Music streaming giant Spotify has been hit with a £163.1bn lawsuit for hosting songs which it allegedly doesn't have full rights to.
Wixen Music Publishing claims the Sweden-based company has failed to compensate musicians, songwriters and publishers for songs which include Tom Petty's Free Fallin and The Doors' Light My Fire.
"Spotify brazenly disregards United States Copyright law and has committed wilful, ongoing copyright infringement," Wixen said in the complaint.
"As a result Spotify has built a billion dollar business on the backs of songwriters and publishers whose music Spotify is using, in many cases without obtaining and paying for the necessary licenses."
It also suggests more than 20% of songs available on Spotify are unlicensed and illegal.
Spotify has not responded to a request for comment.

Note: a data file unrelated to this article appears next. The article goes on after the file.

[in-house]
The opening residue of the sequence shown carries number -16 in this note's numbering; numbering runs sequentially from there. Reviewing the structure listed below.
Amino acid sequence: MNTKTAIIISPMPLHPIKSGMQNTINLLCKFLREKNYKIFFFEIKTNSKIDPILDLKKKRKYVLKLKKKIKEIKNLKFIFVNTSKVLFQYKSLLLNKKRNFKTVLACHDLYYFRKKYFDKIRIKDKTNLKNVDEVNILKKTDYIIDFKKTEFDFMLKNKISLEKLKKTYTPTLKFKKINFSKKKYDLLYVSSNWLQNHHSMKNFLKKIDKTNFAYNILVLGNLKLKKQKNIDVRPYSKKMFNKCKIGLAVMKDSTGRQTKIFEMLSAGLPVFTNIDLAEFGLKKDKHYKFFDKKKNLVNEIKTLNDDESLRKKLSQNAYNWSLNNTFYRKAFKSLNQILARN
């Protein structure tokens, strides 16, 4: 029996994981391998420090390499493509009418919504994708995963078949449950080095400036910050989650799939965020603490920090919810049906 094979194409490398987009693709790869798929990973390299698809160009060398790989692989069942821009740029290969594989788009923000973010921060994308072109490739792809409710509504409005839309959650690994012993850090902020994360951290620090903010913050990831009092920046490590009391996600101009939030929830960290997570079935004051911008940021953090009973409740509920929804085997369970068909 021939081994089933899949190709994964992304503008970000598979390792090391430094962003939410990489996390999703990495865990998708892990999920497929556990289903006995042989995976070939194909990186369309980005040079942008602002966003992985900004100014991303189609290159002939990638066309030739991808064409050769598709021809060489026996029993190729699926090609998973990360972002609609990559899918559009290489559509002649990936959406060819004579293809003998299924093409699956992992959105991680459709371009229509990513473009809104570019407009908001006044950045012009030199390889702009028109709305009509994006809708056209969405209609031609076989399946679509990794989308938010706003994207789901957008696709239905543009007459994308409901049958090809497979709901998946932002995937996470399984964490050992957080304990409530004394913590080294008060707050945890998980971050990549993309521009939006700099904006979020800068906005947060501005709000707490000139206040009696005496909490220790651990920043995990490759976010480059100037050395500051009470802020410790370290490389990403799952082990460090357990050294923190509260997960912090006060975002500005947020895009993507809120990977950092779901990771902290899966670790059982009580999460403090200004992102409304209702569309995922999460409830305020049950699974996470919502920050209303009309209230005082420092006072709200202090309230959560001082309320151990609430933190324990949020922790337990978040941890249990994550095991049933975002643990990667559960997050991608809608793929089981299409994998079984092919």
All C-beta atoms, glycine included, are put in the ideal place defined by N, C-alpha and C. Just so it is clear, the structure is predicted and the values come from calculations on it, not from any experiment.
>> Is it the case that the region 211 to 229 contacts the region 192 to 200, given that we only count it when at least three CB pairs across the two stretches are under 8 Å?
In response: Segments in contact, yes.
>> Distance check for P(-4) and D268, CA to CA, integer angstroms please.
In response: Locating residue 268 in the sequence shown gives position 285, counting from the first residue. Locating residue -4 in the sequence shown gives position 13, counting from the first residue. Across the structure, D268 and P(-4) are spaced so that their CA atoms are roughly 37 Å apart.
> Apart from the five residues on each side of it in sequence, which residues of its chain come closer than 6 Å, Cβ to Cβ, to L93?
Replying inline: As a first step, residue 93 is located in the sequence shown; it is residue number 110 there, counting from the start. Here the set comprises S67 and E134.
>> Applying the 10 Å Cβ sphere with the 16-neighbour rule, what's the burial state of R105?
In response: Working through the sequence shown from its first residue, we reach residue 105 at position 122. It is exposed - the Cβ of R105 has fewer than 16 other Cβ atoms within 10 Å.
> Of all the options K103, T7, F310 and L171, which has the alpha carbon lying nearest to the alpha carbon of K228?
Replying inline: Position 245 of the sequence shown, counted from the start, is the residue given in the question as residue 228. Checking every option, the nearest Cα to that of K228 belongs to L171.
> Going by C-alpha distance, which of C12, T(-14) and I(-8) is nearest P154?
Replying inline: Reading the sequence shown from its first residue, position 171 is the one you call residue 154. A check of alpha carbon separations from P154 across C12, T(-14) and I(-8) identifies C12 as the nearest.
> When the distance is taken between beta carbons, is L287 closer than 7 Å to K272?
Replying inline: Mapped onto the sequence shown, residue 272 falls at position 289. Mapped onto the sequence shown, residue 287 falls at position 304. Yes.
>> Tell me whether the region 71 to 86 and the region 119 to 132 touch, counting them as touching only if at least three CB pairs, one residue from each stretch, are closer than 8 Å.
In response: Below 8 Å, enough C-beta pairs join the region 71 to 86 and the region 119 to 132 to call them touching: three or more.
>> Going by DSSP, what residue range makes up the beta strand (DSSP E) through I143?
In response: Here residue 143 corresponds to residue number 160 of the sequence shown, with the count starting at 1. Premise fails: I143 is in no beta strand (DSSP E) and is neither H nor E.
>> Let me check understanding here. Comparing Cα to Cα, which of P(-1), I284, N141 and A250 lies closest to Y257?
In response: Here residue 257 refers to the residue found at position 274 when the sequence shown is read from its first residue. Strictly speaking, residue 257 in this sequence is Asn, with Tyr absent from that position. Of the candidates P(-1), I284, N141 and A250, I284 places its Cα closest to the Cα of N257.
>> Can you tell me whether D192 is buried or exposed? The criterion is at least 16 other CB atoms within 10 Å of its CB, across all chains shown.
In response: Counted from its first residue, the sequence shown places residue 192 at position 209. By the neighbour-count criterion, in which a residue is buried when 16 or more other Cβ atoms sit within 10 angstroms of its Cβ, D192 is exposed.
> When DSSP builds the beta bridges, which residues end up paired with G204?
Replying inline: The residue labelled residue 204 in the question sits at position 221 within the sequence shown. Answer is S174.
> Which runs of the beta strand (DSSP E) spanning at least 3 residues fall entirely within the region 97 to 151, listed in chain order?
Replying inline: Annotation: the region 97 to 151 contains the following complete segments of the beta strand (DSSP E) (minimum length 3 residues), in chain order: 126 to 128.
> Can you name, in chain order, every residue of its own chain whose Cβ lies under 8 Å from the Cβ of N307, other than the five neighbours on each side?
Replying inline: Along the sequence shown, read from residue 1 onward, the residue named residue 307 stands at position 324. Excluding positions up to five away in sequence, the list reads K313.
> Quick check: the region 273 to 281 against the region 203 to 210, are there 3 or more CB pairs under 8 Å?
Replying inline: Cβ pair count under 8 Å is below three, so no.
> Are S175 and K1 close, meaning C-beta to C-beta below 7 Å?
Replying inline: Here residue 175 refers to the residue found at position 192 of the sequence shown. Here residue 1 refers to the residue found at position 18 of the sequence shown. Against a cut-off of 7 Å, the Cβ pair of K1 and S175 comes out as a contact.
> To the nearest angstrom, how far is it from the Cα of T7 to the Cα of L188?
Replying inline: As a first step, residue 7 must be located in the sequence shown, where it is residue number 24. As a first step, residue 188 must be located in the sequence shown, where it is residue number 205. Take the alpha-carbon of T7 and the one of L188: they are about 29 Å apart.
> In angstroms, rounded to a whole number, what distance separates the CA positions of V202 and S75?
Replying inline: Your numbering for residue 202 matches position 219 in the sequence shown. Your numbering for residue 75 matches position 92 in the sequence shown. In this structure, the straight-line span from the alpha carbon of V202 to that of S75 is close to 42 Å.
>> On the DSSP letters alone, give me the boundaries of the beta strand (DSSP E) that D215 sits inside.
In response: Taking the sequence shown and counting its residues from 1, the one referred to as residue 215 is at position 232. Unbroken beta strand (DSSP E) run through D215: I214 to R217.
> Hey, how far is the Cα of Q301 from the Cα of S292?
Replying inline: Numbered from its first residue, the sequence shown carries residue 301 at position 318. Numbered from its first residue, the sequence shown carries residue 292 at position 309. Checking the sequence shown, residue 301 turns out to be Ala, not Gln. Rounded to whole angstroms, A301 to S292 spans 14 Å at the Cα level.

The California-based company administers songs by artists such as Janis Joplin, The Black Keys' Dan Auerbach, Neil Young, Stevie Nicks and Rage Against The Machine.
Spotify has been dealing with another copyright lawsuit brought by a group of songwriters and publishers including Wixen.
The streaming company tried to settle the lawsuit by compensating the plaintiffs with £32m, which Wixen rejected and is now pursuing a suit of its own.
"The Settlement Agreement is procedurally and substantively unfair to Settlement Class Members because it prevents meaningful participation by rights holders and offers them an unfair dollar amount in light of Spotify's ongoing, wilful copyright infringement of their works," Wixen said.
The lawsuit derails Spotify's plans to go public and list shares on the New York Stock Exchange.